Yeah, that’s what I would say. Yeah, my feeling with that is if you’re stuck working from home, and again, maybe we shouldn’t call it being stuck, but just you know, If you’re able to work from home, then I would consider those commute minutes that you have, those are yours. Those are not your employers. So if you have a 30 minute commute or if you’re back, and you’re in LA or something, and you have an hour commute each way, and you’ve got two hours a day to yourself. And I would recommend that you learn some new thing like Dr. Bellacose is saying here. You know, for me, I decided I’m going to learn a lot about Native American history from here in this part of the country because I feel like I was sorely deficient in my education. So I’ve been doing that. And yeah, so kind of look at the bright side of it and make use of that. Yeah, so there’s a question on here, do you have suggested yoga practices that help mitigate stress? Dr. Bellacose, do you do yoga at all?
I do and I don’t know that there’s like particular yoga poses that are better for stress. I think it’s just kind of that time that you’re spending on yourself and moving your body and just kind of focusing on what you’re doing rather than focusing on whatever else was going on throughout the day. That is probably better for stress than any particular moves–although the corpse pose is great for stress relief!
That’s where you’re just lying flat, right?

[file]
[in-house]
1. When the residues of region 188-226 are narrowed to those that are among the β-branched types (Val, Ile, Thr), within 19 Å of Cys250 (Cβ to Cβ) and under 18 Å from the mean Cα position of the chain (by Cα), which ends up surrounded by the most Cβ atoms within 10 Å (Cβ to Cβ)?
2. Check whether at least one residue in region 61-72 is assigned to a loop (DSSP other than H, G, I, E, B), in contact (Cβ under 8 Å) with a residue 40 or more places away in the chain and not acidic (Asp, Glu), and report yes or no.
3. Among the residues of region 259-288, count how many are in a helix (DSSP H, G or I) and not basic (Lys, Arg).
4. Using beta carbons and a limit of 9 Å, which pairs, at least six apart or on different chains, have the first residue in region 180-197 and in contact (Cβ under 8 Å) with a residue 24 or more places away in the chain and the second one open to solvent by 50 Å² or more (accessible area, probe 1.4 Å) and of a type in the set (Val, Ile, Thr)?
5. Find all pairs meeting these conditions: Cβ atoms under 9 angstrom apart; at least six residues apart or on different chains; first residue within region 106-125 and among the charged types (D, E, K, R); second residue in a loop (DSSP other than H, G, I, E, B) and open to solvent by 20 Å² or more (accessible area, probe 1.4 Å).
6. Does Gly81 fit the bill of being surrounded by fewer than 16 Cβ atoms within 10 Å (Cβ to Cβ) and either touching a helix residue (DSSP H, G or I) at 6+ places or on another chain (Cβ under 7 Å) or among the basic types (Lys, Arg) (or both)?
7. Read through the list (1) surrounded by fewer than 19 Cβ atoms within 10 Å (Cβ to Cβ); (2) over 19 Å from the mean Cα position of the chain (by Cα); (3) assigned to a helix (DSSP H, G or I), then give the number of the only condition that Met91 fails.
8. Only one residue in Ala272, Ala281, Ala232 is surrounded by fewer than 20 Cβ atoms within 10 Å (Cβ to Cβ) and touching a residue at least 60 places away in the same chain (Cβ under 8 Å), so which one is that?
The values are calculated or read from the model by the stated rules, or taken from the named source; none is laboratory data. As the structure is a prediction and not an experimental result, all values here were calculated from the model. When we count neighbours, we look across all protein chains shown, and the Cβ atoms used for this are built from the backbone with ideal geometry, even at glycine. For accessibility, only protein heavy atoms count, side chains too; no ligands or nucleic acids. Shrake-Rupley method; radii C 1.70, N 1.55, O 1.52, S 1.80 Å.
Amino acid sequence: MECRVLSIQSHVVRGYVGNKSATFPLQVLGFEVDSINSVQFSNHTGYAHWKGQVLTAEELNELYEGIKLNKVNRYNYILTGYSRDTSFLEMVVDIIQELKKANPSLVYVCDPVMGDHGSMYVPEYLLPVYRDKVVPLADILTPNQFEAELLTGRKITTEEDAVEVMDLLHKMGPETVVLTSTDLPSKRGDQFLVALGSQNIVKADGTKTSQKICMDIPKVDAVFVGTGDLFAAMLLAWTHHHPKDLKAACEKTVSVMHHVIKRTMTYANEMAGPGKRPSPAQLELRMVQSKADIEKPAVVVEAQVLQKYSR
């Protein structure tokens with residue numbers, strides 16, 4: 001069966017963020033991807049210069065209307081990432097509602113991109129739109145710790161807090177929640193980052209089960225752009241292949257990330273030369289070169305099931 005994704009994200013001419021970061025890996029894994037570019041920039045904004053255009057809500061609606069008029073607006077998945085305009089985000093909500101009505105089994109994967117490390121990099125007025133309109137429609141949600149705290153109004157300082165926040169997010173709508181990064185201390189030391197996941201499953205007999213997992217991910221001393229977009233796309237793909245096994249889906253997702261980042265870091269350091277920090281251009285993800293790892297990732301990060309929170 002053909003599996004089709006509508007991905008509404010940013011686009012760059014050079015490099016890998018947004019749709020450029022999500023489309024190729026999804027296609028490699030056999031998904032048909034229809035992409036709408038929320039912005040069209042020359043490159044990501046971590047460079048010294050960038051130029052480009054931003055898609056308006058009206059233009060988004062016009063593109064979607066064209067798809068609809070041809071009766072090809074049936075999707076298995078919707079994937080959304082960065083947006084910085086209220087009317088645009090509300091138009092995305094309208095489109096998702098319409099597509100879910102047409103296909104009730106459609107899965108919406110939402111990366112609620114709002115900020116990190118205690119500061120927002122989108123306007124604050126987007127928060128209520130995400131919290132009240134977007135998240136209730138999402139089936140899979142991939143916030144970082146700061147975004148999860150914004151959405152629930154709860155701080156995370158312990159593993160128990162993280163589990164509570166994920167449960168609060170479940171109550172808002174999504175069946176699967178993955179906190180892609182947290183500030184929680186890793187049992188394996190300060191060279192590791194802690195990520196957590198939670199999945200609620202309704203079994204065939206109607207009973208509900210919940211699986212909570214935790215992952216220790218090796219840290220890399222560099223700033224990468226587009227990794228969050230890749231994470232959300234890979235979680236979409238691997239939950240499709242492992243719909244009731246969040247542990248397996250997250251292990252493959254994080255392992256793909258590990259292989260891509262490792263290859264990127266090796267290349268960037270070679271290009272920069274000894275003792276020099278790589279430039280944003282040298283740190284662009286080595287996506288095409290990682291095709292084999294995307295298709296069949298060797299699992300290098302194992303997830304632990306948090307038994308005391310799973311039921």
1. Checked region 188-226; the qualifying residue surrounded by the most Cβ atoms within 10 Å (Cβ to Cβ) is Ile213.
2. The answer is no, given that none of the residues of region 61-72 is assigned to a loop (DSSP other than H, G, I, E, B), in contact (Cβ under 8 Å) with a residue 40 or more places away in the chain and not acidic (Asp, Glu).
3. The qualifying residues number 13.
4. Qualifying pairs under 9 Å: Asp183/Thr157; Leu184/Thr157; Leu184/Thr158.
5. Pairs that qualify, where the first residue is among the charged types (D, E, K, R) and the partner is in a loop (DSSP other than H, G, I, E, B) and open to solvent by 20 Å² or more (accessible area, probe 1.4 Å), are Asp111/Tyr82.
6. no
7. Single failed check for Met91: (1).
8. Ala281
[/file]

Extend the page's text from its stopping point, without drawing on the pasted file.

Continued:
Yeah, I don’t know. I have a very intelligent and moderately-to-severely competitive spouse and so she loves doing yoga and trying to do it like as good as the instructor and all that kind of stuff and the bar on that is way too high for me. So I don’t even bother trying to do that. But I definitely would confirm that I think that the exercise is very important. Humans are really meant to move a lot. And recently it’s come out that even sedentary behavior itself is a big risk factor for Alzheimer’s disease and probably a lot of that is because humans, we’re originally were living in these tribal, nomadic bands and you had to get remember things and a lot of it kind of coupled with motion and geography, supposedly. So we may be really tuned to exercise to have the best mental function as possible. And certainly, I think that most people who will tell you who have been in some kind of academic program will tell you, you really will do better if you’re exercising along the way. What do you think about meditation? There’s a question about meditation. I mean, that kind of fits into the yoga doesn’t it to a degree?